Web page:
I have learned that maybe I married people who were orphans — alcoholics and sad. My ego said, “I’ll love them. I’ll make them happy, then they won’t drink anymore.” My ego caused a lot of problems by thinking I could help someone by loving them. People have to want to love themselves. I hope women who’ve been in the situation that I’ve been in will be brave and be able to know when it’s necessary to leave, or detach with love.

PSL: What was most challenging about putting your story on page?

JB: Reliving it — the things I’d like to say didn’t happen. I have a good capacity, I think, to be able to forget and forgive; it’s a good thing and it also can be a dangerous thing. I had to remember all the things that hurt. That part was a little difficult. But, I never ever looked at a blank page. It just poured out.

PSL: Where is home for you?

JB: In Indian Wells with my wonderful husband Roger Perry. We’ve been married 15 years, together 17, and in love for over 50. We came here during a few of the winter months and decided, well, why don’t we move here. Now we’re close to all the kids in Los Angeles and we visit Colorado when we can.

PSL: Where are your favorite spots to hang out in town?

JB: We adore Si Bon and the French Corner. The minute we walk in [to French Corner Café], they take two lemon meringue tarts out and put them aside without our even asking. I love Italian food, so any Italian restaurant, especially the Tuscan Grill near the Mary Pickford Theater. And of course, I have to mention CVRep [Coachella Valley Repertory Theatre] and Dezart Performs.

PSL: You’ve appeared on stage there! And this month you’ll be front and center at the Visionaries of Tools for Tomorrow event at Acqua California Bistro in Rancho Mirage.

“Oh boy! (thinks for a moment) I have two (mottos). One is, ‘What you are is God’s gift to you. What you become is your gift to God.’ The other one is, ‘It’s nice to be important, but it’s more important to be nice.'”Mr. WordPress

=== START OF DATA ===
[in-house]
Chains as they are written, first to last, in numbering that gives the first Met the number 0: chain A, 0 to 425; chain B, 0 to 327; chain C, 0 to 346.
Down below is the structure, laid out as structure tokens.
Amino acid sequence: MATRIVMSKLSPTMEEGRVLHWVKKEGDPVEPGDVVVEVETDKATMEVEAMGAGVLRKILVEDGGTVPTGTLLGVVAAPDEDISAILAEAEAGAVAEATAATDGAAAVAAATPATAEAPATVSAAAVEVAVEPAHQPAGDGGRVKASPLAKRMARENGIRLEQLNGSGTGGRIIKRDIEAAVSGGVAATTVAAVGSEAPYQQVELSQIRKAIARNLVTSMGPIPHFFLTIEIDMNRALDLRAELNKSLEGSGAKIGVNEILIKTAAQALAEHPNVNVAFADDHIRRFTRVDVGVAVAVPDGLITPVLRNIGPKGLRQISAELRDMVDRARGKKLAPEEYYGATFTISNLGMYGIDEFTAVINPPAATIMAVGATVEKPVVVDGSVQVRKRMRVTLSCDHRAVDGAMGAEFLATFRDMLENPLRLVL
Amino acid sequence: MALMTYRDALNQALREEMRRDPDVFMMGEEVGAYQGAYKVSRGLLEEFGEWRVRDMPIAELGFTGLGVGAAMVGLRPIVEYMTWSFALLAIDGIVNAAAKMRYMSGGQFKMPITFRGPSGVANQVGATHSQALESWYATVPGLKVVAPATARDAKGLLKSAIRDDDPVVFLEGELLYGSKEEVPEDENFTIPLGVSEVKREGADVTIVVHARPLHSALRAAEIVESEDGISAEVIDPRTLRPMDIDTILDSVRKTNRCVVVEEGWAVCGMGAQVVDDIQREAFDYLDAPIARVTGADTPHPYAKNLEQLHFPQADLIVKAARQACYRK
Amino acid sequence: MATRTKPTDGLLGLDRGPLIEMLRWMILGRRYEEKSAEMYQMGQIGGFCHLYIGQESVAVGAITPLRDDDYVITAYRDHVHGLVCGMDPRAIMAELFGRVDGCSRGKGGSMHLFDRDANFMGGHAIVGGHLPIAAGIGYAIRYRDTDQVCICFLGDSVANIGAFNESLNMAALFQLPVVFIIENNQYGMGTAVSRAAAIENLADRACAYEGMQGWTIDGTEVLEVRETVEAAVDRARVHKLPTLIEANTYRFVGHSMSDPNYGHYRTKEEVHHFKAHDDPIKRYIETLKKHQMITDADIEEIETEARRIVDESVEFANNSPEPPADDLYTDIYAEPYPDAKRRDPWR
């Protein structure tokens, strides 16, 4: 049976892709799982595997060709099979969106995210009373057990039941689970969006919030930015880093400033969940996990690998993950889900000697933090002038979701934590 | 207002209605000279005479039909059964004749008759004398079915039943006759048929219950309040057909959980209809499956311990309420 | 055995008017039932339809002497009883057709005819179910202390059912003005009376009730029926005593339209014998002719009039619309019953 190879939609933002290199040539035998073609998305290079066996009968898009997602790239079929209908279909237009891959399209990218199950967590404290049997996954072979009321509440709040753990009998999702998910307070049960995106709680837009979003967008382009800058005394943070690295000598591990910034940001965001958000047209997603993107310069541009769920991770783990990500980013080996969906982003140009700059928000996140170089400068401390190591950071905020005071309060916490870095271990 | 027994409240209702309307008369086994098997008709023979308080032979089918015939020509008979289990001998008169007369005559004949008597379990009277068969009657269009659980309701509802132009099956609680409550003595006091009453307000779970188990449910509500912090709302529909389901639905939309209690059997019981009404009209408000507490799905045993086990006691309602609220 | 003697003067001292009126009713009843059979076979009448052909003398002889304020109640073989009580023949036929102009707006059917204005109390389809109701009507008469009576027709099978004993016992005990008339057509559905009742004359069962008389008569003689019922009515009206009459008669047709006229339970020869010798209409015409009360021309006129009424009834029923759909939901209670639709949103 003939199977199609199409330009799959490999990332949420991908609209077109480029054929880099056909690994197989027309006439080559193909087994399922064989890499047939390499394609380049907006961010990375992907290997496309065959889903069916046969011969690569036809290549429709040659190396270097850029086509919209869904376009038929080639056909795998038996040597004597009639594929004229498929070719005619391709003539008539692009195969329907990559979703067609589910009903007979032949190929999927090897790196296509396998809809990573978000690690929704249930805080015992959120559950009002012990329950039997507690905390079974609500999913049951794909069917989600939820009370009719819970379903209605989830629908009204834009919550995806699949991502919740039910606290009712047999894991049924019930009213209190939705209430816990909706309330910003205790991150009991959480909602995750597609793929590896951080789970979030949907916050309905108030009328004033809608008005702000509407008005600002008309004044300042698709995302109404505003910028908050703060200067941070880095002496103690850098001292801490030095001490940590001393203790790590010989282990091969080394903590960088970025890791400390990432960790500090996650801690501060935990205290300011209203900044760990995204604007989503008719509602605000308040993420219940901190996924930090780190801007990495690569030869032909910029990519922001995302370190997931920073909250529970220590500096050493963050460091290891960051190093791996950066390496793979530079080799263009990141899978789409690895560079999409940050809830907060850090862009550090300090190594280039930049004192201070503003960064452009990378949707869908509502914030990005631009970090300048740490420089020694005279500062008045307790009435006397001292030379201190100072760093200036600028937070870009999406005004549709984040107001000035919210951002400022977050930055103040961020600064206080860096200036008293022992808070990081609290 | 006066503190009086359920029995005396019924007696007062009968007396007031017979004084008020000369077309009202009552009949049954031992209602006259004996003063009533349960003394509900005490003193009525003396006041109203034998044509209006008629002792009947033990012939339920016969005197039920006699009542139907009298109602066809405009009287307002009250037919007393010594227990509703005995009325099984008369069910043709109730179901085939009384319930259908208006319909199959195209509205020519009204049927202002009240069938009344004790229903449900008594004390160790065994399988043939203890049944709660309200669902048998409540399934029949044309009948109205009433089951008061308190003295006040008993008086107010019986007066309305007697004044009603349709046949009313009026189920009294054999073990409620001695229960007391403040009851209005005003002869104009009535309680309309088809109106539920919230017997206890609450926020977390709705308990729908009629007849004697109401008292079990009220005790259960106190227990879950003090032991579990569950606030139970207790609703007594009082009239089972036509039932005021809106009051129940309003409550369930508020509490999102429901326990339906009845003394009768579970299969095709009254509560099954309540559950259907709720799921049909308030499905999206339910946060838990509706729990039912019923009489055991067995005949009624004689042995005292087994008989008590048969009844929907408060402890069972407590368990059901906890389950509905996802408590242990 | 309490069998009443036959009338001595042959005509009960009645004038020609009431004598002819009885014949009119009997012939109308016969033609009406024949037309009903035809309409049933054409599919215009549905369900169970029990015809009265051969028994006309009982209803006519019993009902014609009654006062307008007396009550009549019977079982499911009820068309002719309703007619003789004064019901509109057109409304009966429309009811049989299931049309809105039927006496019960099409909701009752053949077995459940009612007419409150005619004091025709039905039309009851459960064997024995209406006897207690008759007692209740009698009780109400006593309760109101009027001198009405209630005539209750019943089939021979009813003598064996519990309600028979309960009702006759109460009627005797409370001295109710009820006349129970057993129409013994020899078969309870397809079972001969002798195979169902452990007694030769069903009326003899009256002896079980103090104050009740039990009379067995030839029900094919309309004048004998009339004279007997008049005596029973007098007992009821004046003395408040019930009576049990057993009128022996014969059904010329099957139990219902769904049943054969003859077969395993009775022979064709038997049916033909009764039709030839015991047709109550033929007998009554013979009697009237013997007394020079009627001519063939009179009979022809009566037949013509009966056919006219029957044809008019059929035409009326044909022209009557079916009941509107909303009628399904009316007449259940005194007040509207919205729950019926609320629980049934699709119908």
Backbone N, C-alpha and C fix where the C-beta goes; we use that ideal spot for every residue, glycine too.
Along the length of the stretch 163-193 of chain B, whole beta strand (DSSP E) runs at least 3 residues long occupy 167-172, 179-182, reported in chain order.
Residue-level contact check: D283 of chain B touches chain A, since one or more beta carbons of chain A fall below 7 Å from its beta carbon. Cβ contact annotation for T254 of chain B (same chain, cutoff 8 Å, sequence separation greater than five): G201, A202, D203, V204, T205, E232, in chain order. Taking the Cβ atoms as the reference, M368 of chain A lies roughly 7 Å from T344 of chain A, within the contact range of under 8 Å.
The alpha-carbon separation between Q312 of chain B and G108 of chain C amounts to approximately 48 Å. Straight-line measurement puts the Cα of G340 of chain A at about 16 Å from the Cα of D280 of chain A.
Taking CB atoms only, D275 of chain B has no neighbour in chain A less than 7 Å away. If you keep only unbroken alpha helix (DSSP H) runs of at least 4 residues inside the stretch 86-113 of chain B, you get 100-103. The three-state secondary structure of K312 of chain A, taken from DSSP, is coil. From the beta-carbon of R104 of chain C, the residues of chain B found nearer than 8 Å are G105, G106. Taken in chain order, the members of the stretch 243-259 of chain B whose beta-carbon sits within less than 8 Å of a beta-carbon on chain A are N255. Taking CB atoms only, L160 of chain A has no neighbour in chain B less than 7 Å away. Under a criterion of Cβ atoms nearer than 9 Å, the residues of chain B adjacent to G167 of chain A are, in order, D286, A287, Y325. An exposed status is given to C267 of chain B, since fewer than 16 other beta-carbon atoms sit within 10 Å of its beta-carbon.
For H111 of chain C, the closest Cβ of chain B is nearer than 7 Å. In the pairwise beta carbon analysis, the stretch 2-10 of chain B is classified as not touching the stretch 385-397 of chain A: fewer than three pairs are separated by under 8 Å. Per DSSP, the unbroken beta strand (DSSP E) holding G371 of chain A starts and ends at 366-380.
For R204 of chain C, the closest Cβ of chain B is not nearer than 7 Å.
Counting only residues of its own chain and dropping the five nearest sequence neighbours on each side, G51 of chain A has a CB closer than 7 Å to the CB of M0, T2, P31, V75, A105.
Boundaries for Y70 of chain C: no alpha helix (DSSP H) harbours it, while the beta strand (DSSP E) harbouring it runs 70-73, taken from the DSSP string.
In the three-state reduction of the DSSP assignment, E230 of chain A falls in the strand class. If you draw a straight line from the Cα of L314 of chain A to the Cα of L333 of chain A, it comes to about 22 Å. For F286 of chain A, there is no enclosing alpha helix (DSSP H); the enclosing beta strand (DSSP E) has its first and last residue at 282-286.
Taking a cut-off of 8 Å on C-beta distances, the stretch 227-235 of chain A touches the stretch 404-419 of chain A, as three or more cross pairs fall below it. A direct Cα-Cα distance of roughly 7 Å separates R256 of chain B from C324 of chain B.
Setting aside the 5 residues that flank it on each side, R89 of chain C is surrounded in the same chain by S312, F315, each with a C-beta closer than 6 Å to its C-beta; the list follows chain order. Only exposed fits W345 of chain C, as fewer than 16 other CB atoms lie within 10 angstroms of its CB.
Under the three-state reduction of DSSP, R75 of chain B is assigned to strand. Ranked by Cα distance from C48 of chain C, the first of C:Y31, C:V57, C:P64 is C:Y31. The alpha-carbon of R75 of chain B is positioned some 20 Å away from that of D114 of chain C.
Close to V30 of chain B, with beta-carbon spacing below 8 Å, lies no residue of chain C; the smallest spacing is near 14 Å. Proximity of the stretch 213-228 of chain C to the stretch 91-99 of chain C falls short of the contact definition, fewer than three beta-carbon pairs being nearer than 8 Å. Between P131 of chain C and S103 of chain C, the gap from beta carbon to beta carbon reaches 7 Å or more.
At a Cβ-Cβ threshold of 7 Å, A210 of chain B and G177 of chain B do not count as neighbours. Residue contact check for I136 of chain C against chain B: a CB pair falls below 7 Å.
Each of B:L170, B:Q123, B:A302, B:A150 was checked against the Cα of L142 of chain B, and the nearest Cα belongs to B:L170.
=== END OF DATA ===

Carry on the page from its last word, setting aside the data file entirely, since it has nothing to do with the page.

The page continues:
JB: From what I understand, it’s going to be quite entertaining. They are having music, and a little girl who sang a song that Roger and I wrote is going to be singing. There will be a cocktail reception and a question-and-answer session with the editor of the book.

PSL: What interests you about working with local nonprofit Tools for Tomorrow?

JB: Tools for Tomorrow offers an after-school arts program for children with writing and drama, and dancing and music. If I hadn’t had that in my life I would not be where I am today — that was one place I could excel, in dancing and music and drama. I certainly wasn’t excelling in the classroom, so it gave me great confidence and I think the arts is so important for children. For children who have any type of learning difference, it’s just wonderful.

PSL: What’s up next for you?

JB: [The book launch] is a huge thing. The Disney people are doing a lot. I’m spending time at a Disney fan club event, then we fly to Chicago. Every place they’re having a signing and a portion of the proceeds goes to the organization. There’s an alcohol-rehab place doing a benefit. There’s a literacy program doing a benefit. There’s another benefit in Denver for The River Bridge, an advocacy center for abused children of which Roger and I are founders, and also for the Rotary Club. I’m going to New York to do the Equity Benefit for Aids. They’re doing a concert version of The Happiest Millionaire, which I did for Disney 50 years ago. We go to my school, I think, and do something there. Then we go to Maryland, then Virginia, and then Nashville.

PSL: Will you ever get some downtime?

JB: It’s going to be very busy, and then my husband and I are sailing away to Hawaii in December and just having our Christmas alone together this year.

PSL: That sounds like a much-needed break! Leave us with this, Joyce: What’s your motto?

JB: Oh boy! (thinks for a moment) I have two. One is, “What you are is God’s gift to you. What you become is your gift to God.” The other one is, “It’s nice to be important, but it’s more important to be nice.”

Join the author for hors d’oeuvres, champagne, and live music when she discusses her book at Acqua California Bistro in Rancho Mirage, Nov. 19. Hosted by Visionaries of Tools for Tomorrow, the event supports the local nonprofit’s arts-education programs throughout the valley.

For event details, visit